As he penetrates further into the conspiracy thinkers’ community, Harambam finds out that it is anything but homogeneous. He meets a variety of types: with a high or low education, extremely rational or typically hippie, engaged and outlaw. He distinguishes three types of conspiracy theorists: the types seeking alternative facts and evidence, types see those facts and knowledge as local products and always relative, and the more spiritual types, which are open to more subjective truths.

Harambam discovers that the conspiracy theories that are prevalent in today’s western societies, is that they are usually not about outsiders, but about the powerful people and institutions within our own society. In many theories, the conspiracy is not that specific either. People often refer to the ‘power elite’. Even if it is about ’the other’, as in the case of the supposed Islamization, the instigator is an elite who wants this to happen. Many of those conspiracy theories are about our own institutions, food production, medicines, money and the greater economic and geopolitical reality.

‘In the Netherlands, almost forty percent believe that the pharmaceutical industry would rather make money from the long-term treatment of the sick than to actually cure them’

The theories are not anti-capitalist per se, but primarily focus on abuse of power. In it, conspiracy theories tie in with a general decline in confidence in politics, experts, and institutions – many “ordinary people” do see a grain of truth in such stories. Sometimes it works the other way and conspiracy theories are used by rulers or politicians to justify their policies or beliefs. This often happens in totalitarian regimes, but it also occurs in democracies: because Russia, China and Iran seem to systematically undermine our security and democracy, our secret services must be given more powers, for example. And because the left-wing political establishment is deliberately perishing the Western civilization, fanatic right-wing politicians must save us.

Typical of such conspiracies is that fervent conspiracy thinkers go a little further than others and not only see power structures, but deliberate deception. “They find intent where other people only see chaos or coincidence,” says Stef Aupers, promotor of Harambam and now professor of media studies at the Catholic University of Leuven. “Conspiracy thinking is the icing on the cake of distrust.”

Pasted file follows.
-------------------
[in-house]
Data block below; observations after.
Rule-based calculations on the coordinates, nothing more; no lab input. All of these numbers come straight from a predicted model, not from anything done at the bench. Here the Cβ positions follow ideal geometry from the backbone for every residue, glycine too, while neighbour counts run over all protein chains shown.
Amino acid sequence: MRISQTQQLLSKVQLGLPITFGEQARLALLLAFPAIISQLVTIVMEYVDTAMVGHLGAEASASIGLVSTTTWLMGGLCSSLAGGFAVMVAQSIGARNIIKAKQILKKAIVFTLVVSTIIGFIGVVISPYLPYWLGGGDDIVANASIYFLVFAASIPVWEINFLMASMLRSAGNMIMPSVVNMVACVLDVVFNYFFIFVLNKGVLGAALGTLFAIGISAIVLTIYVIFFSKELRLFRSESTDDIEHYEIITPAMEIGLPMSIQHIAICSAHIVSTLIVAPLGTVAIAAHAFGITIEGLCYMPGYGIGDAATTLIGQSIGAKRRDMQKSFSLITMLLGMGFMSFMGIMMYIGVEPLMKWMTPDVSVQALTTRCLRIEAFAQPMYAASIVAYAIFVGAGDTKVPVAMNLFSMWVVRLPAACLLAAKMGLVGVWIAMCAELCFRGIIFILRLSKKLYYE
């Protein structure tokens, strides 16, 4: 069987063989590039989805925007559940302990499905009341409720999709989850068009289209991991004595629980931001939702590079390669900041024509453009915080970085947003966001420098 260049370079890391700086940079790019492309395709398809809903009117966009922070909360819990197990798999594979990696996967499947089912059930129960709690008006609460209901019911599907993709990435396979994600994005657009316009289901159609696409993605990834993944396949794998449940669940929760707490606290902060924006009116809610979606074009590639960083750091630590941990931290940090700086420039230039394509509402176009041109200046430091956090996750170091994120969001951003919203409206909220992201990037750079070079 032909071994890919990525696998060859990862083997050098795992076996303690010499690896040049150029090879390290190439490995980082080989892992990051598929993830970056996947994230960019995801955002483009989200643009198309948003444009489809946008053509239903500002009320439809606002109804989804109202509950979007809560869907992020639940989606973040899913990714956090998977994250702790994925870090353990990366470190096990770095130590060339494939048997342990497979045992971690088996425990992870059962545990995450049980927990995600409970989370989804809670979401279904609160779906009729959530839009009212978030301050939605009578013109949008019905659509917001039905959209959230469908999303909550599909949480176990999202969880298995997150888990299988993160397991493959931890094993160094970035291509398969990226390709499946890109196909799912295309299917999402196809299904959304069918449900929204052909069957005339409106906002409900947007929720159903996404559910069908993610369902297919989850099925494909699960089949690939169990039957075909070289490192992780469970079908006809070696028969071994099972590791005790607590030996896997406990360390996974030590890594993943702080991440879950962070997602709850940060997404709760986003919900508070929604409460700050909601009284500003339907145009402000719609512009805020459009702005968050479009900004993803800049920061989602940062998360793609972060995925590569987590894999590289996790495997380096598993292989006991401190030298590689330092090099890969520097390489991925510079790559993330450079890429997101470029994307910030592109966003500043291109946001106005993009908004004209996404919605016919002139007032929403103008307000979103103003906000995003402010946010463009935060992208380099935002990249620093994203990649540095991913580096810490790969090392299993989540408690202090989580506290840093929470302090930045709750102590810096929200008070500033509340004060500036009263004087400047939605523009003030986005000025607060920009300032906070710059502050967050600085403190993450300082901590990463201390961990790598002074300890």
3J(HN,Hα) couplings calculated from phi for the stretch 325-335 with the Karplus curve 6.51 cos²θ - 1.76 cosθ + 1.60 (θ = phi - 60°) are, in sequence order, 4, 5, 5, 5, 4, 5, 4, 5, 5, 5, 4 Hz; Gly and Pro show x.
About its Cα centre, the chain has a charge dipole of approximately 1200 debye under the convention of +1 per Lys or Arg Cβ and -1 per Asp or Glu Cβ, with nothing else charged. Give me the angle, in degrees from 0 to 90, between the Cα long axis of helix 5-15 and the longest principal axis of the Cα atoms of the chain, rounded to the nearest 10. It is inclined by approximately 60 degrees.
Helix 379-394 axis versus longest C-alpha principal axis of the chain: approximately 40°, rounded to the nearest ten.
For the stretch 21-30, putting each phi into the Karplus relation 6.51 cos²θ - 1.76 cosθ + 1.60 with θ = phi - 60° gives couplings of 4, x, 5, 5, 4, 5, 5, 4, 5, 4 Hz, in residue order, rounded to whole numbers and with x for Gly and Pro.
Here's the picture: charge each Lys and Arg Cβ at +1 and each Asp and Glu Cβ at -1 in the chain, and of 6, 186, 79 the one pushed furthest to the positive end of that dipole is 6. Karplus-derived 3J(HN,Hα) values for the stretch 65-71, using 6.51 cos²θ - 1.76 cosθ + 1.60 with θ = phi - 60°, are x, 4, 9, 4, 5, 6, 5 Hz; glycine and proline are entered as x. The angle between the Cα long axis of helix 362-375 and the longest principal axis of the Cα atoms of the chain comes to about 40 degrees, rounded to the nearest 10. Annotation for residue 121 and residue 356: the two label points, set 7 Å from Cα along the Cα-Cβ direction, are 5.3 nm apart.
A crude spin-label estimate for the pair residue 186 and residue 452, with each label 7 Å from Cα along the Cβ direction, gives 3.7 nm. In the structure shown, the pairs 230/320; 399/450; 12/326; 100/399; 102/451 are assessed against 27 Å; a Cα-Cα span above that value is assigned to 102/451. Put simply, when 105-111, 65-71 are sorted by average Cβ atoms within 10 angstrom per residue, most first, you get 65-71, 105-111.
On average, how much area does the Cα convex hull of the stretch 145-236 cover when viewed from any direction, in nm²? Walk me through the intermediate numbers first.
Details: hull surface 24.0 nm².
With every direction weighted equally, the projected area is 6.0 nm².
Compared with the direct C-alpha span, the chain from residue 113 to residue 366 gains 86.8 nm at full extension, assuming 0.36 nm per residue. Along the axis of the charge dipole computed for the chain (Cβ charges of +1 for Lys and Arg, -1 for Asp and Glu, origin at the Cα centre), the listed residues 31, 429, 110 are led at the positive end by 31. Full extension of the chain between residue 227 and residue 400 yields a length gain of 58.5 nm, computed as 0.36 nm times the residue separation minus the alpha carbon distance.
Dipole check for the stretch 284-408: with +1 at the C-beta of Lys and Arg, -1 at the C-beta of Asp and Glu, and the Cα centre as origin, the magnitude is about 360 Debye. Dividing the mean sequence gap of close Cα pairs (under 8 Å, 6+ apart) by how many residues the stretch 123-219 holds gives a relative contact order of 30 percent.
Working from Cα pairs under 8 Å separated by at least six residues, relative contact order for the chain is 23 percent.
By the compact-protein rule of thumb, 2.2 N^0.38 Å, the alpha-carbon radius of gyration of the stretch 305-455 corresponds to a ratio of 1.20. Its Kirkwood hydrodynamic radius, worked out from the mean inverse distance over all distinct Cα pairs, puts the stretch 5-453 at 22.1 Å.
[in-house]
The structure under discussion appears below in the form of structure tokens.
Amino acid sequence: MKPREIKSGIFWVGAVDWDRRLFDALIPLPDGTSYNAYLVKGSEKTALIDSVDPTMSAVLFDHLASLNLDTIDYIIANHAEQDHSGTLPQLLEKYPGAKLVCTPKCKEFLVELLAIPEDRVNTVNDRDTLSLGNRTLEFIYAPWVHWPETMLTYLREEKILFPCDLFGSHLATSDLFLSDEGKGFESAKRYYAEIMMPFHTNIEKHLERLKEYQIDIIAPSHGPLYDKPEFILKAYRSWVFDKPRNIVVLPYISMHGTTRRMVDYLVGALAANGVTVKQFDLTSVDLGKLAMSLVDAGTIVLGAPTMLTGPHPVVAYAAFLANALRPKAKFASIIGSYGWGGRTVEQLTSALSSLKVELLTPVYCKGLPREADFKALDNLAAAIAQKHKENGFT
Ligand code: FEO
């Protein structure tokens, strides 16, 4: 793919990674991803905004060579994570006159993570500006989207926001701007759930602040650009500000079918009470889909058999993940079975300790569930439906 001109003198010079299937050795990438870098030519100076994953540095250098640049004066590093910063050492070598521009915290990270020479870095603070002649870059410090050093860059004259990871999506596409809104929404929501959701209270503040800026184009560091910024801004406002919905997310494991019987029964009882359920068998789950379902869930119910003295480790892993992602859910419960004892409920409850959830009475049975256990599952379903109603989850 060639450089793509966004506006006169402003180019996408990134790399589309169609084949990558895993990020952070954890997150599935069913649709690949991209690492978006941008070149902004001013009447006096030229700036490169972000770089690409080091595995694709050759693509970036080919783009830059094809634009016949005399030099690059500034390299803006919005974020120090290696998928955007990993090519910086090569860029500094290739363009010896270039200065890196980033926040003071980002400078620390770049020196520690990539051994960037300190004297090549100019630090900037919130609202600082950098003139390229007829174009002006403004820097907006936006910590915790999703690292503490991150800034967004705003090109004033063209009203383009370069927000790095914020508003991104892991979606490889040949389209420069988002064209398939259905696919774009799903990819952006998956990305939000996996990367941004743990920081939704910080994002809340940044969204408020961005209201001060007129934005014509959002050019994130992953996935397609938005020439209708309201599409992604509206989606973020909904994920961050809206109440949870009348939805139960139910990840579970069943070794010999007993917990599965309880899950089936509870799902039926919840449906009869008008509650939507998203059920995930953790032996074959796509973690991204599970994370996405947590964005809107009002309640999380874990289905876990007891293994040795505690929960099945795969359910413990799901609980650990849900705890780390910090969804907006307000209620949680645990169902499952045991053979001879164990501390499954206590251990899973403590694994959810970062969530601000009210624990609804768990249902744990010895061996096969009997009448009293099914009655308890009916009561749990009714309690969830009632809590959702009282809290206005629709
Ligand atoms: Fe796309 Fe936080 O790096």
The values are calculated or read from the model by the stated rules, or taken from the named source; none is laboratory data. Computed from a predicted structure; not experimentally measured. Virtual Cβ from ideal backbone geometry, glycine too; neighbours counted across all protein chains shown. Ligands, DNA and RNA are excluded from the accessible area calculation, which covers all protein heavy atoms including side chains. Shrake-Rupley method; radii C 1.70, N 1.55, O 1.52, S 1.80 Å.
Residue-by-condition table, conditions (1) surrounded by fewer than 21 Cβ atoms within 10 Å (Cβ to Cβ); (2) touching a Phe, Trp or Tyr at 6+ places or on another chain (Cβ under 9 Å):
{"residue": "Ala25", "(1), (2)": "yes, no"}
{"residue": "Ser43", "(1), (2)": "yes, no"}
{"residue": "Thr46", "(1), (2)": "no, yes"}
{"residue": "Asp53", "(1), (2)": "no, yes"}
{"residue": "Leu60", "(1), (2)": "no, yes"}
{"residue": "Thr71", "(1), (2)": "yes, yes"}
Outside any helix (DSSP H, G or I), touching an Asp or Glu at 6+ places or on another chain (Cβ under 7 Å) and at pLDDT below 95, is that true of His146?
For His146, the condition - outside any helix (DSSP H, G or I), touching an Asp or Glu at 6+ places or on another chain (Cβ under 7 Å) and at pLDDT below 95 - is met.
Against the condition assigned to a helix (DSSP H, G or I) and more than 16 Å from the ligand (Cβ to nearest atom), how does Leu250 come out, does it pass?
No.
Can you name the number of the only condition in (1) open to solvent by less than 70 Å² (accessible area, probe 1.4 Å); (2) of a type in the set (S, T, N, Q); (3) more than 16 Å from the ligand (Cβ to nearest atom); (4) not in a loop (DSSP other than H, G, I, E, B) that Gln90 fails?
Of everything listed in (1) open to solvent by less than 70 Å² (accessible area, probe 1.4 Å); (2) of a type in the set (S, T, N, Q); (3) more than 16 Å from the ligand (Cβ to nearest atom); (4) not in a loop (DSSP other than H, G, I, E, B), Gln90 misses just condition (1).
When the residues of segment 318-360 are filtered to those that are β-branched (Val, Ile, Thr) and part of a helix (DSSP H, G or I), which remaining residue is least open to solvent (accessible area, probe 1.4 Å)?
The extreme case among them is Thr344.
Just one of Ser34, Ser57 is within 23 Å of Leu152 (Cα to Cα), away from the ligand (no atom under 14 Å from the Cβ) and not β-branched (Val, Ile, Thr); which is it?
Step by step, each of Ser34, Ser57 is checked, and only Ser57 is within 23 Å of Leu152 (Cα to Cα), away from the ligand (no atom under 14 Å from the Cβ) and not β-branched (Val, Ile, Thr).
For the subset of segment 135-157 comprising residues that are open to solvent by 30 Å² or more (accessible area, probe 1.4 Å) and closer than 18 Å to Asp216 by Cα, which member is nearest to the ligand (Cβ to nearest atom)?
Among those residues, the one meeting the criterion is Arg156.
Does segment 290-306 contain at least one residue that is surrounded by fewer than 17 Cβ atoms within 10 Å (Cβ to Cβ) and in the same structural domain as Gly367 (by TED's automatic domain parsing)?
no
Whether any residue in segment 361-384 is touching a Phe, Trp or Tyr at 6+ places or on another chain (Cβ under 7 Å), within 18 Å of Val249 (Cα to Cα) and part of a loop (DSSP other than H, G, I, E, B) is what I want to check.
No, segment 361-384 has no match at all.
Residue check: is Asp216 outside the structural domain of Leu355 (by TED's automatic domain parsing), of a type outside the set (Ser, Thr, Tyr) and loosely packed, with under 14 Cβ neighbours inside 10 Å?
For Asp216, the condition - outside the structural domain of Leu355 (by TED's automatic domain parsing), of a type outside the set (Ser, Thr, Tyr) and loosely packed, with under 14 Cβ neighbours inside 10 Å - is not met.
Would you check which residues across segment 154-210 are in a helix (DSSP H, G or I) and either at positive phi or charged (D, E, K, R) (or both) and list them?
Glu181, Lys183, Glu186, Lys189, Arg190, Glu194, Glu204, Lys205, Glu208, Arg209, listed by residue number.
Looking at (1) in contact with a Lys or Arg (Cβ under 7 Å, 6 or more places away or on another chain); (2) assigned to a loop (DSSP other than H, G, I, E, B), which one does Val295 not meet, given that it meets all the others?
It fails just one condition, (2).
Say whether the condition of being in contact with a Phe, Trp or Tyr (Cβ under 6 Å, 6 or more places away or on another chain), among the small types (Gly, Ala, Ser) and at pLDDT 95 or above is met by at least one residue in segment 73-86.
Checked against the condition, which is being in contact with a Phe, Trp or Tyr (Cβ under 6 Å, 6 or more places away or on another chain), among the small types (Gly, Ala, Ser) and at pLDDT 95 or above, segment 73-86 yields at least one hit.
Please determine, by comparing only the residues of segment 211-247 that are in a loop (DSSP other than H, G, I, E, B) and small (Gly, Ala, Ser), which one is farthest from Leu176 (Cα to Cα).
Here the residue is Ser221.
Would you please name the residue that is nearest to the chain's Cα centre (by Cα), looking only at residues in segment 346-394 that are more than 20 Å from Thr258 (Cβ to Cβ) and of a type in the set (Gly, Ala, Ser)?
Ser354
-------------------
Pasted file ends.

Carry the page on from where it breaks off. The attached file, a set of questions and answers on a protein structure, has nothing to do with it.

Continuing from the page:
According to psychologists the radar for seeing connections and deeper causes is set too sharply in the conspiracy thinker, which results in many false alarms. But what if they are right? According to Harambam, many people are basing their ideas too easily on the standard explanation given to them – their radar might be too weak. Similarly, the conspiracy thinkers themselves reason that non-conspiracy thinkers are sheeple – “sheep.” They know better than the others.


But what determines that one person goes through life with a healthy dose of distrust, and the other sees a conspiracy behind everything he or she hears or reads? Take vaccinations, for example: many people agree that the companies that produce them are mainly after profit and try to suppress any inconvenient facts about their products. A slightly smaller group also has doubts about the intentions of the government. But that does not mean that vaccinations ‘undermine the immune system’, that they ‘contain toxic additives’ and ‘cause all sorts of serious side effects that are not recognized’.

Often, Harambam discovers, it is a combination of personal experiences and events and developments in society. The radical thinkers refer to conspiracies that have come true, such as the Watergate affair, the massive eavesdropping by the National Security Agency (NSA) and the interference of the Russians in the American elections. The one becomes a little suspicious of these examples, the other very much.